Defendants contend the trial court erred in awarding fees to one of the attorneys, Grattan, because she was a party to this action. The petitioners are HCSS, Grattan, and Millie Bisset. Grattan signed the verification included in the petition on behalf of HCSS, of which she was a member.

In her declaration in support of the motion for attorney fees, Grattan averred that the litigation was "exceptionally fact-intensive and legally-complex," and she had agreed to work on a contingent fee basis with Rachel Mansfield-Howlett, who was the lead attorney, in order to "help 'level the playing field' " with defendants, who were represented by "several very able and experienced attorneys."

The trial court found the action "successfully enforced important public rights, benefiting the public as a whole, and that the burdens and benefits of the lawsuit 'transcend' or outweigh Petitioners' personal interest, particularly their financial interest. Petitioners brought this action in order to require Respondent and Real Parties to fully comply with the requirements for an EIR, fully analyze and consider issues insufficiently addressed in the original EIR, and thus further the generally applicable CEQA policies of promoting transparent good government, full public disclosure, full public participation, and consideration for the environment." In denying a multiplier for Grattan's fees, the court noted that she "spent considerable time and effort, as a hired attorney, on behalf of Petitioners," but that she was "personally involved with Petitioners and somewhat personally interested in this action."

2. Analysis

In the context of contractual attorney fees, our Supreme Court has held that "an attorney who chooses to litigate in propria persona and therefore does not pay or become liable to pay consideration in exchange for legal representation cannot recover 'reasonable attorney's fees' under [Civil Code] section 1717 as compensation for the time and effort he expends on his own behalf or for the professional business opportunities he forgoes as a result of his decision." (Trope v. Katz (1995) 11 Cal.4th 274, 292 (Trope).) The court based this conclusion in part on the language of Civil Code section 1717, which provides for mutuality of attorney fees "[i]n any action on a contract, where the contract specifically provides that attorney's fees and costs, which are incurred to enforce that contract, shall be awarded" to the prevailing party. (Italics added.) By its terms, reasoned the court, the statute applied to contracts providing for attorney fees incurred to enforce the contract, and "[t]o 'incur' a fee, of course, is to 'become liable' for it [citation], i.e., to become obligated to pay it. It follows that an attorney litigating in propria persona cannot be said to 'incur' compensation for his time and his lost business opportunities." (Trope, supra, 11 Cal.4th at p. 280.) The Trope court also looked to dictionary definitions of the terms "fee" and " 'attorney fees,' " and concluded that "the usual and ordinary meaning of the words 'attorney's fees,' both in legal and in general usage, is the consideration that a litigant actually pays or becomes liable to pay in exchange for legal representation. An attorney litigating in propria persona pays no such compensation." (Ibid.) However, attorney fees may properly be awarded even where legal services were provided at no personal expense to the client, such as when legal work is performed pro bono publico or by a public interest law firm. (See Lolley v. Campbell (2002) 28 Cal.4th 367, 374-375; Serrano III, supra, 20 Cal.3d at pp. 47-48.)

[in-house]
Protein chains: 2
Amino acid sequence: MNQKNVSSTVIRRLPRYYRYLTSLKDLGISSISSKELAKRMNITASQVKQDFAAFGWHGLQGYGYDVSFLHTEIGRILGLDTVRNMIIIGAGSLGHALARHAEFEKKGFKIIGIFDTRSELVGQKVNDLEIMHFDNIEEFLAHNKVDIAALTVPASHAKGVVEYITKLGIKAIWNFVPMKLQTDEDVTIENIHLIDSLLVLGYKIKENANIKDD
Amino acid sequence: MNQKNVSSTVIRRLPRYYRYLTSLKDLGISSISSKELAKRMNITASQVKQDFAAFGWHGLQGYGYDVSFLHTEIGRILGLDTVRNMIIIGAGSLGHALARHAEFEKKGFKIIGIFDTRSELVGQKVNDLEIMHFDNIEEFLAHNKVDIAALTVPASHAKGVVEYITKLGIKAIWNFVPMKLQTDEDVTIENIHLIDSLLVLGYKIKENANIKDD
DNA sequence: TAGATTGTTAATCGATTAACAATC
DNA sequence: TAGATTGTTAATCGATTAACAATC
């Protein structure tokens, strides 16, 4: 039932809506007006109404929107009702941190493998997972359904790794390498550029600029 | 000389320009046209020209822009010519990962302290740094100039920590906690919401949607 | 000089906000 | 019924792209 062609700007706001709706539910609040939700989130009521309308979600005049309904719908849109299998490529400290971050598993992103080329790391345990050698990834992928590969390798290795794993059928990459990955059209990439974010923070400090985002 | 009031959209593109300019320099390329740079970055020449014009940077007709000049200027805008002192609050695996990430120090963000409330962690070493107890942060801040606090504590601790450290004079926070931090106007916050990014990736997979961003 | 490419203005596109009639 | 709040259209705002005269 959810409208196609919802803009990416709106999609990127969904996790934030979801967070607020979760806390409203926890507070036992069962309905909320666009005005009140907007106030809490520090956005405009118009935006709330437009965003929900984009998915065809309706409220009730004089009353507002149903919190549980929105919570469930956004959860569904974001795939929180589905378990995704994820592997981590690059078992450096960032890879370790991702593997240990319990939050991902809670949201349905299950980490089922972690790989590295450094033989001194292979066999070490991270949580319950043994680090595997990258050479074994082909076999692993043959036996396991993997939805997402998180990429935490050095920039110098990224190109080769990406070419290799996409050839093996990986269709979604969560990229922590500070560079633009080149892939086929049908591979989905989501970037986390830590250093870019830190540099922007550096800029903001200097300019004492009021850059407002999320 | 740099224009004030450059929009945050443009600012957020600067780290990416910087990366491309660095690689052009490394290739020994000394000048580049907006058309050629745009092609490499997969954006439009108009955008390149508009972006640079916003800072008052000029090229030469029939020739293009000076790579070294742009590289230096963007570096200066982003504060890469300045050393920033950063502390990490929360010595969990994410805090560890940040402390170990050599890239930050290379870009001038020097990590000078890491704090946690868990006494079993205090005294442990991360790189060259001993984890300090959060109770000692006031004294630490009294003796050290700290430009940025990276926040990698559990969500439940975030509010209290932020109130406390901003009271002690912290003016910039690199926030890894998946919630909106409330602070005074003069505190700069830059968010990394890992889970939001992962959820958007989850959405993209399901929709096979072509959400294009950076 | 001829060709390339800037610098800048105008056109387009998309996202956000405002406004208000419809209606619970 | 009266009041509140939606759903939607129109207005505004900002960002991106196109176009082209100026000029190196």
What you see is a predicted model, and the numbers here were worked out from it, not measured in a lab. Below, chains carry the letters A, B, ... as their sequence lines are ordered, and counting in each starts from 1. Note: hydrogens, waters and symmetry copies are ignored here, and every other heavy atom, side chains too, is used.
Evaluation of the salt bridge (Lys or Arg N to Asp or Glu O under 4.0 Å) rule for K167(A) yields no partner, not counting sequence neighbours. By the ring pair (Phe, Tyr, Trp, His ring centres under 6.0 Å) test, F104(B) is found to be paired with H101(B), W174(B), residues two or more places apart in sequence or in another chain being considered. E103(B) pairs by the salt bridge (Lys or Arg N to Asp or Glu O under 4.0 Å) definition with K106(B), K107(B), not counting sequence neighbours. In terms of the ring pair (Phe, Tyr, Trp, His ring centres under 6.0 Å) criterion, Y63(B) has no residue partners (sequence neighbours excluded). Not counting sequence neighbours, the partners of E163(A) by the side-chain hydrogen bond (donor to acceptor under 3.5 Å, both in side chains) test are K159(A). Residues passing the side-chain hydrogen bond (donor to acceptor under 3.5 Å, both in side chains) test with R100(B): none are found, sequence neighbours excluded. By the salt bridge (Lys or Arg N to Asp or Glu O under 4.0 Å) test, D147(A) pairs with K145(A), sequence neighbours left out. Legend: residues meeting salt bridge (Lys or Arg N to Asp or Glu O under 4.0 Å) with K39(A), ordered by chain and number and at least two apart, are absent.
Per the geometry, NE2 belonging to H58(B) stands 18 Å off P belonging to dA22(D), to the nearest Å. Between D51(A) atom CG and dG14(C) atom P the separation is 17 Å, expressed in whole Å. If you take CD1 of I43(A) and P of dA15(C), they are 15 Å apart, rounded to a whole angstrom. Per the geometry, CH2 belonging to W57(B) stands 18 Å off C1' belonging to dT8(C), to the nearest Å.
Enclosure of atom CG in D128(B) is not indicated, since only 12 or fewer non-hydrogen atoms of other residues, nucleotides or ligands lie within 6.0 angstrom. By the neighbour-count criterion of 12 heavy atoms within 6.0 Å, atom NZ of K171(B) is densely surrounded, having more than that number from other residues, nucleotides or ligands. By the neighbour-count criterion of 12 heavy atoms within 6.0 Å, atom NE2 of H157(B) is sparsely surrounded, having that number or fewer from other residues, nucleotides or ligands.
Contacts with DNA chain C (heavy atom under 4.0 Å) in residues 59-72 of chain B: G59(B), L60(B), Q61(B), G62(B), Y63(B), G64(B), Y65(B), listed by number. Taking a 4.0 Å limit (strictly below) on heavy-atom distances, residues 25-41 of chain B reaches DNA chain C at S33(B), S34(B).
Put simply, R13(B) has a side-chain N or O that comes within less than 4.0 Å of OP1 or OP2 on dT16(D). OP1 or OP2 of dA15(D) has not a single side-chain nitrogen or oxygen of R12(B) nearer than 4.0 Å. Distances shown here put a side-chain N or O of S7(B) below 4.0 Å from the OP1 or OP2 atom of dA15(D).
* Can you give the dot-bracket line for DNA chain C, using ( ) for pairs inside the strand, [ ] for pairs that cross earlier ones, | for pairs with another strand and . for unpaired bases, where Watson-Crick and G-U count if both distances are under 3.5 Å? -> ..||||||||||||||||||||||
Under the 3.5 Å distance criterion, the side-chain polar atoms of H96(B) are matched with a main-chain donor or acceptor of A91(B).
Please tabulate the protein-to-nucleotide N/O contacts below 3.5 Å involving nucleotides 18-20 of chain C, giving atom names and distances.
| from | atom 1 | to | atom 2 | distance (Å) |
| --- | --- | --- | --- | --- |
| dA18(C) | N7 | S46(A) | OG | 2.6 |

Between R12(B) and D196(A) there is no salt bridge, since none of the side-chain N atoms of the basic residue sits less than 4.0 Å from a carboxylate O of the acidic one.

The court in Trope explained, however, that its decision was not based on any of the traditional equitable exceptions to the American rule that each party pay its own attorney fees, such as the private attorney general, substantial benefit, and common fund theories. (Trope, supra, 11 Cal.4th at p. 284.) In ruling on cases involving such equitable exceptions, the court's "authority to shape the various theories of recovery . . . derived from our traditionally broader and more flexible 'inherent equitable powers.' " (Ibid.)*fn5 The court specifically declined to express an opinion on the application of its rule in the context of the equitable exceptions to the American rule. (Id. at p. 292.)*fn6

Here, Grattan is a named party to the case challenging an EIR under CEQA, and a member of the environmental organization that is also a party to the case. She was not lead counsel, but carried out work for lead counsel. The parties have drawn our attention to no cases precisely on point, and our own research has disclosed none. We are guided, however, by other cases ...